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Loyalty and Disloyalty

08/22/2019 04:06:11 PM

Aug22

Parashat Ekev is all about loyalty. Moses reminds the Jewish people that there are many situations that will test their loyalty to God. Will they maintain their faith when they are in the desert, living meal-to-meal with manna and carrying only the clothes on their backs? Conversely, will they continue to sustain their faith when they are living in a land full of riches, and it would seem like they don’t “need” God’s help at all? The Haftorah carries the converse message - that God is like a caring mother who can never forget or abandon her child. That special relationship between God and the Jewish people has withstood the worst and the best of history over the past 3500 years.

This week, the word loyalty is on everyone’s lips as President Trump tweeted that Jews who vote in a particular way are “disloyal.” In later statements, the President specified that his intent was not to indicate disloyalty to the US, but rather that Jews who do not vote for him were disloyal to our people and to Israel.

These statements were frightening to many Jews for two reasons. First of all, for generations, Jews have been threatened with accusations of disloyalty, or dual loyalty. Even if Jews are being accused disloyalty to Israel, and not to this country, whenever we are presented to the public as having to choose our loyalties, that sends a powerful negative message to those whose hatred overlooks such nuances. Unfortunately, in the current climate, there are people of violence, who hearing an accusation of disloyalty against the Jews from a figure they trust, might choose to act on that accusation with terrifying results.

A second, more subtle concern is that there are increasing efforts to inject politics into Judaism. I wrestle with myself how often to respond to these types of statements and conflicts, which arise every day. I used to not want to bring politics into my Jewish teaching. For most of my career as a rabbi, individual Jews might have supported one party or another, or had opinions on particular issues, but Jews saw themselves as spanning the political divide. There was a consensus that there was a “separation of church and state” - one could be a member of either party and see one’s self as a proud Jew, and supporter of Israel, without fear of dual loyalty.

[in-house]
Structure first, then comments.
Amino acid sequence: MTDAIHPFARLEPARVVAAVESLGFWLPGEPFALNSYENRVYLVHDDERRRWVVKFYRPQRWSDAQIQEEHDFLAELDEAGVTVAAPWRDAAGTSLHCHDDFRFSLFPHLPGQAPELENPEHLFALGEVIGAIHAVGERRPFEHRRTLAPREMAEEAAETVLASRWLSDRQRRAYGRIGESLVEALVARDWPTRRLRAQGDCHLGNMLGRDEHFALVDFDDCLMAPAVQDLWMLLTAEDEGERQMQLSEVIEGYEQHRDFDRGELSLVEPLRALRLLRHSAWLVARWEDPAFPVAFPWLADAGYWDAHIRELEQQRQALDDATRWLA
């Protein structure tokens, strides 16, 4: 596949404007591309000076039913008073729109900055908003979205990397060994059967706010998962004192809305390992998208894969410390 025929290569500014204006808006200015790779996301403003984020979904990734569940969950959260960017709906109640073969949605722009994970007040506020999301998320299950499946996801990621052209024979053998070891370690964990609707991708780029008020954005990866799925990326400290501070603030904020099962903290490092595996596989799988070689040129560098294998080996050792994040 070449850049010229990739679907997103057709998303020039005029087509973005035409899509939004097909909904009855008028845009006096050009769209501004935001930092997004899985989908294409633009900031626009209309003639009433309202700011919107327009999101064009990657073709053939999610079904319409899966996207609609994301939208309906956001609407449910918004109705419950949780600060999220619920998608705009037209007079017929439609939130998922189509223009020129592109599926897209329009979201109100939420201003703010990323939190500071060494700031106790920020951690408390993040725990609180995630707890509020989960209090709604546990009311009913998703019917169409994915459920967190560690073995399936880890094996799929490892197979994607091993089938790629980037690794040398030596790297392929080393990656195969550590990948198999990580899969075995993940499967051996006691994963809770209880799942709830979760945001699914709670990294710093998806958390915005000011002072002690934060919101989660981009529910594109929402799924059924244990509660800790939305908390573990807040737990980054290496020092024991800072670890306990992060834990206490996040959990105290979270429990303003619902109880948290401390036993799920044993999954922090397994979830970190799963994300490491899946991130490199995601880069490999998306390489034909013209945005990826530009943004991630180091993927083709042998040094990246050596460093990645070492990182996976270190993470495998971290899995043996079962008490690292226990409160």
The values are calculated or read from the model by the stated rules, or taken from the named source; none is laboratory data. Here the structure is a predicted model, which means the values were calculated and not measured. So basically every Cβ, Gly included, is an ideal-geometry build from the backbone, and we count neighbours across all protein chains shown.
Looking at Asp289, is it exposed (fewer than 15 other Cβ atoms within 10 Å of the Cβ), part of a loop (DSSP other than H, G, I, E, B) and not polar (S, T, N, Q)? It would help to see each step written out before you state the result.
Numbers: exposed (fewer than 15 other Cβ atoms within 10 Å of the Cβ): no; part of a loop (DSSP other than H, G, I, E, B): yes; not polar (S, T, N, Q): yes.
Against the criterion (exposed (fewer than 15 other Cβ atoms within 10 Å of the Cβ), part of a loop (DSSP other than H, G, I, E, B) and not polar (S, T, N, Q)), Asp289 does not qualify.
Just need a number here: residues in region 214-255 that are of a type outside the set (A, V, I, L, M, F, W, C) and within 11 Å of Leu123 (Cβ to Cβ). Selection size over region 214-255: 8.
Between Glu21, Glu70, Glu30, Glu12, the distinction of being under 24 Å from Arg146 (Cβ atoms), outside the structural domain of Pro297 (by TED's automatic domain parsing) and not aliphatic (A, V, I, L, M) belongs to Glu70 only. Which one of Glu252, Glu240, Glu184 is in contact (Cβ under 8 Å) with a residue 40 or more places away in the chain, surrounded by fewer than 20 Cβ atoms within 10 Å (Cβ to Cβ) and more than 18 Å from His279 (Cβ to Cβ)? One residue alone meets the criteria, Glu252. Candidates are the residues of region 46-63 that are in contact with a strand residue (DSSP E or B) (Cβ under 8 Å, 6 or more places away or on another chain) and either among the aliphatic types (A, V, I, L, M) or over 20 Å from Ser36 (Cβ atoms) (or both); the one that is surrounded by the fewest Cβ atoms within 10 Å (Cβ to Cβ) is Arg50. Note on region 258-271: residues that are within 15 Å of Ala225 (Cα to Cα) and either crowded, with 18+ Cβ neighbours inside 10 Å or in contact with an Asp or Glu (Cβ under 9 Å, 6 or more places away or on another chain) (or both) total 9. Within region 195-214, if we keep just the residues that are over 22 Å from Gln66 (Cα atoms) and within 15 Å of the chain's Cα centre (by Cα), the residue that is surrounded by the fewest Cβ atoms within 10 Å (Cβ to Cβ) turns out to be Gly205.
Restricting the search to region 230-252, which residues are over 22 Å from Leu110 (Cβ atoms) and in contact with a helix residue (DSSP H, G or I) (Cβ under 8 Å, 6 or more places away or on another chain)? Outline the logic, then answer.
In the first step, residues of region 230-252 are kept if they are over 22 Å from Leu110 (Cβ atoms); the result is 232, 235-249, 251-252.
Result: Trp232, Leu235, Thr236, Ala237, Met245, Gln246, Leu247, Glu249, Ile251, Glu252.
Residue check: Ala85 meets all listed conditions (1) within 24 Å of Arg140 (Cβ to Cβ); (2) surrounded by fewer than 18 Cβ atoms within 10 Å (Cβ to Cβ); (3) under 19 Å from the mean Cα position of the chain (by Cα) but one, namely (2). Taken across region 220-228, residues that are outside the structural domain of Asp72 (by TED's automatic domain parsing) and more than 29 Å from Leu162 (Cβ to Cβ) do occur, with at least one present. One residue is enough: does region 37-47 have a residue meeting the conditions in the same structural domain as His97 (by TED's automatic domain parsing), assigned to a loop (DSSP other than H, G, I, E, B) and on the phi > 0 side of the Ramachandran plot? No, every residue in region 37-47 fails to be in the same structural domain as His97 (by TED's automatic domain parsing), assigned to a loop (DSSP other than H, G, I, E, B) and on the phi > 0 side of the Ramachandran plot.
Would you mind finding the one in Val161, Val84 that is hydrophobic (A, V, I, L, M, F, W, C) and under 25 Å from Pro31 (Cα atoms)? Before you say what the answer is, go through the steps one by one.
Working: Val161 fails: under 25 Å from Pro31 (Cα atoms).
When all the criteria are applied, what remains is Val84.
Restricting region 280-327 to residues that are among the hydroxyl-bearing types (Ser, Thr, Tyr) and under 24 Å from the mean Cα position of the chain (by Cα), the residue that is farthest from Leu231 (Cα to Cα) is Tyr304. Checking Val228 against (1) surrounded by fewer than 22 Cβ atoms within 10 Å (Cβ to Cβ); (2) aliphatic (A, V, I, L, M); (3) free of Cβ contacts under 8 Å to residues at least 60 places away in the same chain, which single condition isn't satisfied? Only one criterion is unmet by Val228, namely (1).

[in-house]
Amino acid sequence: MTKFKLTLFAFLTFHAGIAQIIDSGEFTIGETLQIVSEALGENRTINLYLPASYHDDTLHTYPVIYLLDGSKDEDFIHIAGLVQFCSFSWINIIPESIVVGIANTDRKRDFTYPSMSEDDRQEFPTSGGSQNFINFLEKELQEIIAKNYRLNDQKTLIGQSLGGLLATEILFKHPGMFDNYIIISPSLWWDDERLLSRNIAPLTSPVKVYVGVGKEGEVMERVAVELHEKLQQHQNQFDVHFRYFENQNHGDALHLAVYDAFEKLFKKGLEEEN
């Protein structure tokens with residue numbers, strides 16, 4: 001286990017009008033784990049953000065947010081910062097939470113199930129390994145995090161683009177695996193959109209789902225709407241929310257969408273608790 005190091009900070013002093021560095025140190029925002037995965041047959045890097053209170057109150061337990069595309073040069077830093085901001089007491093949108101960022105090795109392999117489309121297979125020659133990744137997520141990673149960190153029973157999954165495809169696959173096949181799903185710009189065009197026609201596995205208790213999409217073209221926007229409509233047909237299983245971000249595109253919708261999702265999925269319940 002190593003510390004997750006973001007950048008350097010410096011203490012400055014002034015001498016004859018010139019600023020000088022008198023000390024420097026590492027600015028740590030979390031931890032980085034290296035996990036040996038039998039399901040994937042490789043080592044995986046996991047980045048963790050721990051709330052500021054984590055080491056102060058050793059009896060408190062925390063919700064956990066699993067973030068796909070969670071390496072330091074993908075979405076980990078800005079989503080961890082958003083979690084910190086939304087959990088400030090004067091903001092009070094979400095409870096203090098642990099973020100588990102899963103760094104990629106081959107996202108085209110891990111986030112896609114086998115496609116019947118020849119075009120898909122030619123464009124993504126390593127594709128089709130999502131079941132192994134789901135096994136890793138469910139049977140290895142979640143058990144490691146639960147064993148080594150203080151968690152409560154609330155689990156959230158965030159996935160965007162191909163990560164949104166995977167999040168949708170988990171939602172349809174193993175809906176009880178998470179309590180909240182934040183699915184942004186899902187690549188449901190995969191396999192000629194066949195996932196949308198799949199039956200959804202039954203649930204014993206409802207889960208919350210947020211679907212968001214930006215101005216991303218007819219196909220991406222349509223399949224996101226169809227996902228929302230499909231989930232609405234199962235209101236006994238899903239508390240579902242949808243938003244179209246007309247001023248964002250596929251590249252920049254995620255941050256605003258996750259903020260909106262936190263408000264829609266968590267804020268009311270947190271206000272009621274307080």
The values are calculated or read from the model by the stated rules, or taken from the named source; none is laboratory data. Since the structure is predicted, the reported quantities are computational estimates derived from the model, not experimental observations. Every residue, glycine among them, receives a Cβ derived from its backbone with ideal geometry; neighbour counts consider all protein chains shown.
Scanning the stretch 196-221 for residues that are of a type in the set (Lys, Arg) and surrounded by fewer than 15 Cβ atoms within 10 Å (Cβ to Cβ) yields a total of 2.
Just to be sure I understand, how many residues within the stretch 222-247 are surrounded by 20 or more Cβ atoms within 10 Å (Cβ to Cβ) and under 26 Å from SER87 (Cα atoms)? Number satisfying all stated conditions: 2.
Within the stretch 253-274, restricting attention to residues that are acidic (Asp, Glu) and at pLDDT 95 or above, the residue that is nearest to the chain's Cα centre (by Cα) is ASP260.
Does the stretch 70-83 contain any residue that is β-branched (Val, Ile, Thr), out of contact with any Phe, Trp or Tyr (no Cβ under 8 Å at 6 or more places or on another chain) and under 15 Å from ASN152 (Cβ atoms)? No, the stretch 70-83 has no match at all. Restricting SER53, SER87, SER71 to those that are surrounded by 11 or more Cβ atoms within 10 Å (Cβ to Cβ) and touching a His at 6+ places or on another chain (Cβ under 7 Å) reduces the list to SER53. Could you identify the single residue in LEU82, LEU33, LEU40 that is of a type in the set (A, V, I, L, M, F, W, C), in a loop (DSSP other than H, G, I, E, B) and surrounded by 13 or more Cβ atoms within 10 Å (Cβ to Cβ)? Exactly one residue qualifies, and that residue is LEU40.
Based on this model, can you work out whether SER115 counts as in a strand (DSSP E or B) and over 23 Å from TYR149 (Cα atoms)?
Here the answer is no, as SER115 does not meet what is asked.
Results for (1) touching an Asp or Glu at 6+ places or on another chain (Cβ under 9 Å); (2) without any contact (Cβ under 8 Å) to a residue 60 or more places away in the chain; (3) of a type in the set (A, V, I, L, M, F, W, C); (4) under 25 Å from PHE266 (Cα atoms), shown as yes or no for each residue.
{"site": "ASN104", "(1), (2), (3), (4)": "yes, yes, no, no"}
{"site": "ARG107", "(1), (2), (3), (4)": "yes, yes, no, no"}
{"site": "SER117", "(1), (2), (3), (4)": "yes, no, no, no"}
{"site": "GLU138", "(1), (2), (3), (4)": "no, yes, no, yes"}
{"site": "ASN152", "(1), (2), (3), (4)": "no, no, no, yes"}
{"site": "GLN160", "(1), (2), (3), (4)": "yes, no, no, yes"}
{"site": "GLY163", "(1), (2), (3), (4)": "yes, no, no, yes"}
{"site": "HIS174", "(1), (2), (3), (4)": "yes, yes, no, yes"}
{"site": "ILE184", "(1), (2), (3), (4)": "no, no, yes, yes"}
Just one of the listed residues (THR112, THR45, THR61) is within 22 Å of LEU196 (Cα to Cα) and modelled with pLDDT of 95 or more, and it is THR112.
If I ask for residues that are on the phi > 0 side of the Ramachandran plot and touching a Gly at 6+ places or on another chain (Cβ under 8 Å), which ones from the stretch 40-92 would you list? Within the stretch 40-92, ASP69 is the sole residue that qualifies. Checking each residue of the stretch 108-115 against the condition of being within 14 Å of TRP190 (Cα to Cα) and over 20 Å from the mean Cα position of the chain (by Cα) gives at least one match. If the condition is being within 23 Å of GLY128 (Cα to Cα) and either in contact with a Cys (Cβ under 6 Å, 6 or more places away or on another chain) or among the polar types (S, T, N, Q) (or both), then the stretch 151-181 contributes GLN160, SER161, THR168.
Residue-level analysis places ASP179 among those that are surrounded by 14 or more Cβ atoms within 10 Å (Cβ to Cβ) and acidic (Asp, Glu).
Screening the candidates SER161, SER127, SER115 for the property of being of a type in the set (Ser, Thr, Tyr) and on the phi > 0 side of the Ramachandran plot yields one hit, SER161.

Now, the landscape has changed - politics and politicians have inserted themselves into the debate about Jewish identity, and it is much harder to keep them out of those conversations. In the last few years, there have been increasing efforts to portray one affiliation or another as incompatible with Jewish values and connections. Often, these arguments revolve around pointing out particular anti-Semitic or anti-Israel elements on the other side. In fact, there are plenty of haters to go around. There have been anti-Semitic statements and violent attacks from the left and the right. Congresswomen who want to boycott Israel and right-wingers with assault rifles are dangerous in different ways. To try to single out one type as more dangerous is a foolish exercise. Furthermore, any attempt to portray Jews as being “in the pocket” of a particular side in Americans fractious political debate is, as my grandmother would say, “bad for the Jews.”

These debates are distressing, but they don’t have to dictate our future. Despite the rising tide of hate, there is still broad support for Jews, and for Israel, in this country, from both sides of the aisle. We should express gratitude to each side as it is due. Last week’s brouhaha revolved around two Democratic Congresswomen, known for their anti-Israel views, and whether they would be allowed to travel to Israel or would accept the terms for entry. What many missed amidst the noise was that just a week earlier, over 70 member of Congress, proud members of both parties, spent a week in Israel with AIPAC, even traveling together part of the time (one of the few venues where this still happens). The accusations of disloyalty we are hearing can only erode that broad cooperation and support.

In the prayers we say before the ark on Shabbat, we proclaim that we do not put our ultimate faith in any human prince,  political leader or party, whether of the country where we live or of the Jewish state. Ekev commands us that our allegiance must be to do what is right, and our faith remains with God.

Thu, November 14 2019 16 Cheshvan 5780